As everybody knows, there are two ways one can become a homeowner: You can either buy a property or build your own from scratch.
But how do people decide between these two options?
Do they consider the cost of both and go with the option that best fits their budget? Or is there an ultimate guide somewhere people follow?
Honestly, deciding whether to buy a home or build one is not a straightforward decision.
However, there are some considerations that can help you understand the option that best suits your situation better.
These considerations are what we want to talk about in this post.
Do you have a specific design and theme in mind?
If you do, it may be hard finding an already built home that suits your taste. Not because your taste might be so unique that no one has ever thought about such before, but the style and theme you have in mind may not exist in the locality you’re eyeing.
In that case, your best bet to realize the home of your dreams is to call in a reputable builder and build your own from scratch.
Note: In order to know whether your builder is good enough to handle the building of your house, here are some questions to ask your builder.
Are you up for an adventure?
Like with every project construction, building your own house will take you through some neck-cracking ups and downs.
The process is more or less a journey. So you’ll experience your own fair share of challenges.
The question then is: are you ready for this? And if you are, do you have the time to spare? If you think you do, then it makes sense to sacrifice your time and efforts for the house of your dream.
If you aren’t made for such adventures, buying a home can save you stress.
Won’t you mind the cost difference?
According to data from the Realtor.com website, the median price of constructing a single-family home is $289,415.
However, this can vary widely based on where you live. If you want to know the cost estimate of building a house in any area, go to realtor.com®/local.
According to the same source, the median cost of buying an existing single-family house is $223,000. That said, the exact price can vary widely based on where you live. (Go to realtor.com/local to see the price per square foot in your area.)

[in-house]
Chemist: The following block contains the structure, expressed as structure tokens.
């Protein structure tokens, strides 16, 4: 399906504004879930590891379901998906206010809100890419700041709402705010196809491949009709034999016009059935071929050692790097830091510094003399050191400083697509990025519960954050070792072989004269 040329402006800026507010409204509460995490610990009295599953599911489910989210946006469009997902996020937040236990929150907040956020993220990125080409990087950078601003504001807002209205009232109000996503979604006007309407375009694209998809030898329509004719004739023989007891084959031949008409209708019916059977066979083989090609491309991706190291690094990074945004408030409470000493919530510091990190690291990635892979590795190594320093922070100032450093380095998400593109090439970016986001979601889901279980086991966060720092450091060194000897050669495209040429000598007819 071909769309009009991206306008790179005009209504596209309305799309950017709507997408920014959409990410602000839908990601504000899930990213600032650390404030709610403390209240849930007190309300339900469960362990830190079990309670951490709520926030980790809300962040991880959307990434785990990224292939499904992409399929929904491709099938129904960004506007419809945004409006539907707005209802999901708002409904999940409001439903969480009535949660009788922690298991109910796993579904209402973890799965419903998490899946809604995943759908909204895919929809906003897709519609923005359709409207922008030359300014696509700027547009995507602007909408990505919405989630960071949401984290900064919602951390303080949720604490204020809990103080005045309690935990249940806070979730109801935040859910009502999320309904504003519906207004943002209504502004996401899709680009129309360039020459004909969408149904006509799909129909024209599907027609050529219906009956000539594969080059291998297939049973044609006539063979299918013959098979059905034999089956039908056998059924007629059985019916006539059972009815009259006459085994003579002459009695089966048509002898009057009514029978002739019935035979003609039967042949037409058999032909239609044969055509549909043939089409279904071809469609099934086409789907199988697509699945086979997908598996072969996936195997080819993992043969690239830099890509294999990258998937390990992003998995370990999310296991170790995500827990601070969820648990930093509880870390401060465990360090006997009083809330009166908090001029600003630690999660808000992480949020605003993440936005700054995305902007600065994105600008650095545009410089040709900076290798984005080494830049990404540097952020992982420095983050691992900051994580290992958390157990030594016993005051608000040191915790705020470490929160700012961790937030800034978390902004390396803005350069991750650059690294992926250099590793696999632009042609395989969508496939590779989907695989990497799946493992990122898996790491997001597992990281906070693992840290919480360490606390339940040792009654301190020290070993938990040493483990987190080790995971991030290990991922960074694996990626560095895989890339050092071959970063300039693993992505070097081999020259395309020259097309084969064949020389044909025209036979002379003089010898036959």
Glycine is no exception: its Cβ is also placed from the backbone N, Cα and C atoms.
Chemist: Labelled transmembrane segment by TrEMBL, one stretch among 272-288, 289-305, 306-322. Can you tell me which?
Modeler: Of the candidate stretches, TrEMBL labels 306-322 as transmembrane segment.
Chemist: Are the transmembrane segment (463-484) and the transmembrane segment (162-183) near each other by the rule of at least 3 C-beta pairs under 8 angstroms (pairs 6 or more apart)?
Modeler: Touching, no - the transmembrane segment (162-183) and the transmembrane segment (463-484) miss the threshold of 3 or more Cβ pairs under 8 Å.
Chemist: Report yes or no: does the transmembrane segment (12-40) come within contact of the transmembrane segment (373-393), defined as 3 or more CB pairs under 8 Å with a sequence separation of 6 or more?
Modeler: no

Comparing the two median prices, you can see that building a house costs you $66,415 more than the cost of an existing home!
Not to forget that this cost difference might even go higher, depending on the localities.
But one thing is certain; it always costs more to build a house from scratch than to buy an already existing one.
Are you buoyant enough to manage emergencies?
Buying a home is as easy as identifying a property, checking it out, and making a one-time payment. Once this is done, the home is yours!
Building a home, on the other hand, is a lot more complicated than this. Just when you thought you’re done with spending on plumbing, for instance, your plumber might identify a new need that requires you to pump in more money.
The same might happen with electrical works, bricklaying, painting, home décor, etc.
Even if you do a good cost estimate before commencing construction, unexpected costs and price increases are bound to rear their ugly heads.
If you aren’t buoyant enough financially to lead these emergencies, your home construction may suffer a lot of stop-start.
Do you need a home urgently?
It’s pretty obvious that if you need a place to call home urgently, you can’t embark on building a house from scratch.
Although we now have some prebuilt house materials that make building constructions a lot faster, buying a home is still going to be a faster process than building one.
Are you hell-bent on modern designs and features?
If so, then you want to call a builder and build your own house.
Most houses you’ll find on the market may not boast the most recent modern state-of-the-art facilities. While you may be willing to compromise on your taste, you should never forget that with modern designs come a lot of cost-cutting opportunities.
For example, most existing homes lack modern heating and cooling systems. And with older systems come a lot of energy and utility consumption issues, resulting in higher energy costs throughout the year.
And that’s not even all.
If you’re compromising on modern designs, it means you’re settling for older designs, and with older designs come older appliances, pipes, and electrical systems, many of which may require more maintenance, repairs, and replacements to function at the level you want.